- Ferenc Rákóczi- leader of the War of Independence against the Habsburgs in the 18th century
- Lajos Kossuth – great patriot and statesman, leader of the 1848/49 War of Independence
Symbolic figures on Top of the Corner Pillars:
- Work and Welfare
- Knowledge and Glory
The Hungarian War Memorial stands in front of the column.
It commemorates heroes died for the independence of Hungary.
A popular spot for wreath-laying ceremonies on national holidays.
The square has witnessed several 20th century key events of Hungary’s history.
During the Communist era the place saw coreo graphed demonstrations on holidays.
The reburial ceremony of Imre Nagy, leader of the 1956 revolution took place here in 1989.
Today you’ll find many skateboarding teenagers on Heroes’ Square manoeuvring among tourists.
Two great museums flank the the Square:
Museum of Fine Arts
the Fine Art Museum is closed due to a massive renovation project. It will reopen in 2018.
Both its permanent and temporary exhibitions worth a visit –
Look for the buildings A, B, C, D of the Royal Palace. (address: Szent György tér 2., Buda District I. )
Hall of Art (Műcsarnok)
Hosts Hungarian and international contemporary art exhibitions. Open: Tue-Sun: 10.00-18.00, Thursday: 12.00-20.00, Closed on Mondays and most National/Public Holidays.
Budapest’s most popular park, the City Park (Városliget) stretches behind Heroes’ Square.
You can see the parks most spectacular architecture, Vajdahunyad Castle from the square.
Many attractions – especially for kids:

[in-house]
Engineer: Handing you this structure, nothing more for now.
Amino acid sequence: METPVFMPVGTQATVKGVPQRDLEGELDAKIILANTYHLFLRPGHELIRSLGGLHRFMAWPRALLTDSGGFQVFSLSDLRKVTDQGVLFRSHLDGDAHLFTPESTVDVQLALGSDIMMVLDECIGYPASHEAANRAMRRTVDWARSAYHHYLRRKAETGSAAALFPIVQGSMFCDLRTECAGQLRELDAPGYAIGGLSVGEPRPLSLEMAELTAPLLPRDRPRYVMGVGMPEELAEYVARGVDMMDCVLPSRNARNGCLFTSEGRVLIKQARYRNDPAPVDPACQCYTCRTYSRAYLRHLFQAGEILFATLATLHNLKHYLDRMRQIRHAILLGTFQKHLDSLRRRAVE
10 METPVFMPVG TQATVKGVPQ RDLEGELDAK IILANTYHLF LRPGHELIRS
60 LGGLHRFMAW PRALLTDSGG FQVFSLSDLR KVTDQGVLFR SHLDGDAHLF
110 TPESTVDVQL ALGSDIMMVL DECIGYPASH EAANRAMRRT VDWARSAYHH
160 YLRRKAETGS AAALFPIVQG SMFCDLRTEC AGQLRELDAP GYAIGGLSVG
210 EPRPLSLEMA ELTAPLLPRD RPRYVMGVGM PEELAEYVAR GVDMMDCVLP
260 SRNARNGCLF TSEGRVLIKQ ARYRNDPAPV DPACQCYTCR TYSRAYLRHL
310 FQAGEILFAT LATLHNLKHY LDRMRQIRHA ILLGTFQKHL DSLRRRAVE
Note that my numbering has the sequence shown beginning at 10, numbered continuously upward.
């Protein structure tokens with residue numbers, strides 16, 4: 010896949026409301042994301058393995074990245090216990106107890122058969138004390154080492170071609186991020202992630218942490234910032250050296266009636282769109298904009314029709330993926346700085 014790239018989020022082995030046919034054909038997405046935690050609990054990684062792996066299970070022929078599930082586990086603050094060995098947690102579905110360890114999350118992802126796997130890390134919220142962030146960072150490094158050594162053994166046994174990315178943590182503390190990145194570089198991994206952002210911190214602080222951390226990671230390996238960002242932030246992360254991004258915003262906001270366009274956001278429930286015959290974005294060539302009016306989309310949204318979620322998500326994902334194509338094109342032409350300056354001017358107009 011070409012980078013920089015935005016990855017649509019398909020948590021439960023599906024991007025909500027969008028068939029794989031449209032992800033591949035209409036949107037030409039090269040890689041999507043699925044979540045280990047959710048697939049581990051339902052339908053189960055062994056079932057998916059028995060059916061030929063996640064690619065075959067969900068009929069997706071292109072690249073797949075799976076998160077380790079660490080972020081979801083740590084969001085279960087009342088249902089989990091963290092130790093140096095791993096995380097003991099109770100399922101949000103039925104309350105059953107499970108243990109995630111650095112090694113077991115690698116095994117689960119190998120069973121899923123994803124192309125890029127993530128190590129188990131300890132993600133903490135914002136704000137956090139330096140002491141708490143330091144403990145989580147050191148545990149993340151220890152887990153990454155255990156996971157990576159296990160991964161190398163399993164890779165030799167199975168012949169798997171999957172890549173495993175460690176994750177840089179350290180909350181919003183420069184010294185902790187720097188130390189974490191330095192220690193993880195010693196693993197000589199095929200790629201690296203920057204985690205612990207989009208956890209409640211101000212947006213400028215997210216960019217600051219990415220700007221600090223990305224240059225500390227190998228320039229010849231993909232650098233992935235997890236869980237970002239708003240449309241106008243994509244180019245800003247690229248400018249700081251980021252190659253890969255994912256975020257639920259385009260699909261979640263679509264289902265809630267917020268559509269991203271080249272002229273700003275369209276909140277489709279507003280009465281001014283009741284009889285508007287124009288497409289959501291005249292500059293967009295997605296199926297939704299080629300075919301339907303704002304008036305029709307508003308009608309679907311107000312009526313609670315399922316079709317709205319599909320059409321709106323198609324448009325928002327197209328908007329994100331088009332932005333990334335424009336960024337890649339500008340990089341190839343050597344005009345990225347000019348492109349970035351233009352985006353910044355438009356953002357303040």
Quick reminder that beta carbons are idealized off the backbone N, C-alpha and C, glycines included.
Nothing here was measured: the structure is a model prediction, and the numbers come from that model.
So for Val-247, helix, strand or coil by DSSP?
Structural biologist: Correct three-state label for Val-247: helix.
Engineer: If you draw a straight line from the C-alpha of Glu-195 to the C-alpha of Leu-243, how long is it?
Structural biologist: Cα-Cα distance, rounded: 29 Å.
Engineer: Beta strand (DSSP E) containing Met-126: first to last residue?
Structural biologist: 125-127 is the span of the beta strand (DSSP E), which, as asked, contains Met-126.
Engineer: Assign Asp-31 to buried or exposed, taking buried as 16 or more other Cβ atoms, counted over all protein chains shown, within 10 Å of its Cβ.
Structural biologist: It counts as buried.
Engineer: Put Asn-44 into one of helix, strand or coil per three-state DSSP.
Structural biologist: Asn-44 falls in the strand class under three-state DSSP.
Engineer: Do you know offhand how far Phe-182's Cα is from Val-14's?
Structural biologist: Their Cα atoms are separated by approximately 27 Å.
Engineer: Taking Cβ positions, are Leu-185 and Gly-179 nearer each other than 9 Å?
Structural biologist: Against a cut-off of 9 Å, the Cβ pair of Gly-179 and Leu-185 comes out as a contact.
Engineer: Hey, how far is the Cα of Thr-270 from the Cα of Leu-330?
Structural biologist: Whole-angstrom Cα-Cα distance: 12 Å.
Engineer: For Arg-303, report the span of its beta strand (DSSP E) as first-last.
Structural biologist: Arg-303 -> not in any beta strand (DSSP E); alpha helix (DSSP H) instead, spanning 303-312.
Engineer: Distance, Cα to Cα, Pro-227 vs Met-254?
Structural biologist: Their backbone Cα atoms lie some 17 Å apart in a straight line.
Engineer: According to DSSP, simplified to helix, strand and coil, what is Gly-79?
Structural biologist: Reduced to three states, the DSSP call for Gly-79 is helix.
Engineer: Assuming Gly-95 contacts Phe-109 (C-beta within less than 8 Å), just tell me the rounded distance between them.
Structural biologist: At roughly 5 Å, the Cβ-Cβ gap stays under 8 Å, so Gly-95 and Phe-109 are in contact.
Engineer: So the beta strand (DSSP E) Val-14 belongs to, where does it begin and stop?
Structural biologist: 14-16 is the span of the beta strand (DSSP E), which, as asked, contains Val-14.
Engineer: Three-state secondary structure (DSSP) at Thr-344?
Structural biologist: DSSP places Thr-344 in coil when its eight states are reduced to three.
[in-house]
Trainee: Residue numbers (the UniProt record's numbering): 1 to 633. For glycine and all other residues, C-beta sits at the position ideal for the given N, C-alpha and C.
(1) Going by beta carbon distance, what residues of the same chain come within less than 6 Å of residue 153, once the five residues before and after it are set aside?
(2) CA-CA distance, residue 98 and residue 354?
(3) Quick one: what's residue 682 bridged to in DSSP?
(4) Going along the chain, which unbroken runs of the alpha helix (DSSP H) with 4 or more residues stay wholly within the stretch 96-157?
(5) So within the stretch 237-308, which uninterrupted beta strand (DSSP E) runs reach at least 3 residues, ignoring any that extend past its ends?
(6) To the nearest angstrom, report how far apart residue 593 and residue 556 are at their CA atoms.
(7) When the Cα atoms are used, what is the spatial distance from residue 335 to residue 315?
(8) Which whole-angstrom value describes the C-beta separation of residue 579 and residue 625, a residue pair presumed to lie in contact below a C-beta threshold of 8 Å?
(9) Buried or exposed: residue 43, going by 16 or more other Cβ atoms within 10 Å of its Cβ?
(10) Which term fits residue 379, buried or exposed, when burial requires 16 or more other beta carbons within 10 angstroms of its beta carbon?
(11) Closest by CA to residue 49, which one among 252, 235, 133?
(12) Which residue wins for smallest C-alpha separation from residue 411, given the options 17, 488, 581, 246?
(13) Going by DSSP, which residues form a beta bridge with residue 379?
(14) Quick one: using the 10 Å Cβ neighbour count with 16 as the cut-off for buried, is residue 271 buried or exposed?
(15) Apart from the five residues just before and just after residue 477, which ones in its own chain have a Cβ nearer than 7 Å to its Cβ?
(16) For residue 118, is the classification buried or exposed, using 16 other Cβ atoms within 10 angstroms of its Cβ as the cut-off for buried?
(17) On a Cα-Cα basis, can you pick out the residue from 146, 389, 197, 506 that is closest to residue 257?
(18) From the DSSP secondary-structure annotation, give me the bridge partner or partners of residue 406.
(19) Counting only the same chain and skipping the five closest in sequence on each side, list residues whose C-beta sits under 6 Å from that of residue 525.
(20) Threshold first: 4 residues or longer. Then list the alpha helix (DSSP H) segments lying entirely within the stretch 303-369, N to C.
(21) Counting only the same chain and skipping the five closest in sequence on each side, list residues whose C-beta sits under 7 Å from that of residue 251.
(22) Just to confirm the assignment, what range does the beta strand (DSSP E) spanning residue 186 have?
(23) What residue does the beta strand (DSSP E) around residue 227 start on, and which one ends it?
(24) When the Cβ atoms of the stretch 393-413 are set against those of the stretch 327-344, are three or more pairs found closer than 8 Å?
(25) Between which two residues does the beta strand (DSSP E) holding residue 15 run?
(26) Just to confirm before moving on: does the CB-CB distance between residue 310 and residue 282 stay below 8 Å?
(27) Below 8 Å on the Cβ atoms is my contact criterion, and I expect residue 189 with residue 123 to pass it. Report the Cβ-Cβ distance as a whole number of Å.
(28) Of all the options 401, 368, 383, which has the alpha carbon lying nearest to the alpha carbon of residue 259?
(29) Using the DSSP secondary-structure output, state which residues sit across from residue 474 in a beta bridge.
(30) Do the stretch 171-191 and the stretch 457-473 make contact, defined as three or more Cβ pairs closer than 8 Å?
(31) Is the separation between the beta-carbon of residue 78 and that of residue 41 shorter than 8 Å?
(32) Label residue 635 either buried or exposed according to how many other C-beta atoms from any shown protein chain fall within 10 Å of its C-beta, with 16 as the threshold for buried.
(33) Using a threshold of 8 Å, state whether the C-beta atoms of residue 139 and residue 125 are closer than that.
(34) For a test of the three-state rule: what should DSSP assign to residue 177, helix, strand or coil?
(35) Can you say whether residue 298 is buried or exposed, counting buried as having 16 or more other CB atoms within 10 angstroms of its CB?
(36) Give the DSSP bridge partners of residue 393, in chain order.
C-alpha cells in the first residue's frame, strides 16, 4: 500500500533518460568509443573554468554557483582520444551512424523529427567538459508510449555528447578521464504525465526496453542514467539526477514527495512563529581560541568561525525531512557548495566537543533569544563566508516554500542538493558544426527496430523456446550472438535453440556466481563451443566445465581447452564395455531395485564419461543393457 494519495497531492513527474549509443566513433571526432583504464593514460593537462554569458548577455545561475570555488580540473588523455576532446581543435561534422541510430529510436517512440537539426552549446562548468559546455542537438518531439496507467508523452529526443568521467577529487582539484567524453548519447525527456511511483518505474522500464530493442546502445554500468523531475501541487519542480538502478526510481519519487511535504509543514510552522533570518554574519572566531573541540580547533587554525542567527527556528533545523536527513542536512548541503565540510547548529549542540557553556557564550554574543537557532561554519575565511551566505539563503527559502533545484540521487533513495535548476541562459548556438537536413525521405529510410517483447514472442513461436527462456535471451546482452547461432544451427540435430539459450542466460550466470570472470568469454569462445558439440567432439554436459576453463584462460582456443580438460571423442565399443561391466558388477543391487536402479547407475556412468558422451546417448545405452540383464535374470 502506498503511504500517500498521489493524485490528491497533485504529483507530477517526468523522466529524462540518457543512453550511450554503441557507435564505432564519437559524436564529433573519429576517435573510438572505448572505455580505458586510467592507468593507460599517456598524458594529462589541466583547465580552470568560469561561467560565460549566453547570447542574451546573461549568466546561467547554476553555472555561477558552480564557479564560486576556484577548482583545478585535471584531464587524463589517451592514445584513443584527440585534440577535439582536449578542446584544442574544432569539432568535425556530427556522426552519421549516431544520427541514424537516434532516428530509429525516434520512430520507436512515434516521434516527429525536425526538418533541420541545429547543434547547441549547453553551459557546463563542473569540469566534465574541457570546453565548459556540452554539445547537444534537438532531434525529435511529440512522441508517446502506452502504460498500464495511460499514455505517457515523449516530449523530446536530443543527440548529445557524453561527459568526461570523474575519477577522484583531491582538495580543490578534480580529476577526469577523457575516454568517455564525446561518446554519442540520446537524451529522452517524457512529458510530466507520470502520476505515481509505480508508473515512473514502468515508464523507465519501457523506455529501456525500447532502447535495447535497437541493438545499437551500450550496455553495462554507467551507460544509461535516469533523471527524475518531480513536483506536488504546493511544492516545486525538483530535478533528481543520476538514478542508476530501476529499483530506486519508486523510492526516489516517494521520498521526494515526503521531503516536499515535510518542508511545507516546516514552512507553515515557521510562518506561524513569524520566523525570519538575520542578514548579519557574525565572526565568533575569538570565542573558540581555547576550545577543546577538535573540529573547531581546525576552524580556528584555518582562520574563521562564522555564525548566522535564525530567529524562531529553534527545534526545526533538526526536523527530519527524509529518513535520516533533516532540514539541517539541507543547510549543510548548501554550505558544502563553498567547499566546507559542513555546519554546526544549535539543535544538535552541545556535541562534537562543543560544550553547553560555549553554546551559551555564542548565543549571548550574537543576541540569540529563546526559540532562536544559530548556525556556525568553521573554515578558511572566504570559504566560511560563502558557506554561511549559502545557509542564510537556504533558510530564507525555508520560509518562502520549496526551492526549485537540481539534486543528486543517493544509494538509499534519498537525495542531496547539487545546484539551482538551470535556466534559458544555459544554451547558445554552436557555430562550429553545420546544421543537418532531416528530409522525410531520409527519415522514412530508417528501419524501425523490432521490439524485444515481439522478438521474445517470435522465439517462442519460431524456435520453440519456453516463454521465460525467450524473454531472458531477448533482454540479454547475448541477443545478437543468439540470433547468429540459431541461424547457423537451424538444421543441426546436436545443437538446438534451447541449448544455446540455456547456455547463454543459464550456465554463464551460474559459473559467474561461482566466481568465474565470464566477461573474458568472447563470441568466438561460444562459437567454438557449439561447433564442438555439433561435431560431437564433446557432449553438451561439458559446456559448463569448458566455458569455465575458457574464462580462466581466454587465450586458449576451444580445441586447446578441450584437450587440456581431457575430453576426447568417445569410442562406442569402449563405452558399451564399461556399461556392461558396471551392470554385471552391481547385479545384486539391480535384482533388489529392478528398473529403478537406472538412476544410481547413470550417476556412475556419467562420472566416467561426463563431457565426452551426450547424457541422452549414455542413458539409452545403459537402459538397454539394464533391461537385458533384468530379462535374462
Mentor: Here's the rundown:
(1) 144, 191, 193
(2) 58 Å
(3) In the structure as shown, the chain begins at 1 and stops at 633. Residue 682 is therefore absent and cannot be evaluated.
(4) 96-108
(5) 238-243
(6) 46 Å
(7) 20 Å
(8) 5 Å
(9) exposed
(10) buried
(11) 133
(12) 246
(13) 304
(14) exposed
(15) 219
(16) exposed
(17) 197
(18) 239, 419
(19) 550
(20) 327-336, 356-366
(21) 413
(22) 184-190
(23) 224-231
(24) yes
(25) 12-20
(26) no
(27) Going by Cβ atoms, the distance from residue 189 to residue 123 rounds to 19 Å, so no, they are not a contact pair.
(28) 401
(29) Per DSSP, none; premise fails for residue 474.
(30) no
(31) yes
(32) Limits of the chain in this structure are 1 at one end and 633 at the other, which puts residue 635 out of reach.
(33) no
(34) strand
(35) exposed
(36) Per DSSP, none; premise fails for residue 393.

- Budapest Zoo and Botanical Garden
- Széchenyi Baths
- Holnemvolt Park (the former Amusement Park, closed in fall 2013)
Read more about Budapest History.
Address: Állatkerti körút, on a small island on the lake
Open: Mon–Sun: 12:00–16:00, 18:00–23:00
Tel: +36 1 343 3776
An enchanting restaurant on a small island with Mediterranean and Hungarian cuisine.
Robinson is the best-value choice in the area, even if it’s not a budget place.
The lake side location and its above average cuisine make your dinner memorable.
Nice offer of local and international wines.
Main dishes: 2700 – 8 900 HUF.
Address: Állatkerti körút 2., XIV. district
Open: Mon–Sun: 12.00 – 24.00
Tel: +36 1 321 3550
Only if you curious about and must try this once legendary place then have authentic Hungarian dishes in the famous Gundel restaurant.
If not for the somewhat uninspiring cuisine than drop by for the elegant, turn-of-the-20th-century decoration.
Because of its fame it’s still one of the most expensive restaurants in Budapest.
There’s Sunday brunch between 11.30-15.00: all-you-can-eat buffet for 6 500 HUF, 3 400 HUF for children under 12 years of age and free for kids under 4.
An extensive wine list with offers from their own cellar as well as other wineries in Hungary.
- Soups: 3 600 – 4 800 HUF,
- Main dishes: 5 800- 49 000 HUF (a langouste dish),
- Desserts: 2 200 – 2 900 HUF,
- 3-course daily menu: 3 900 – 6 500 (you can get way mor better and cheaper than this in other restaurants of the city)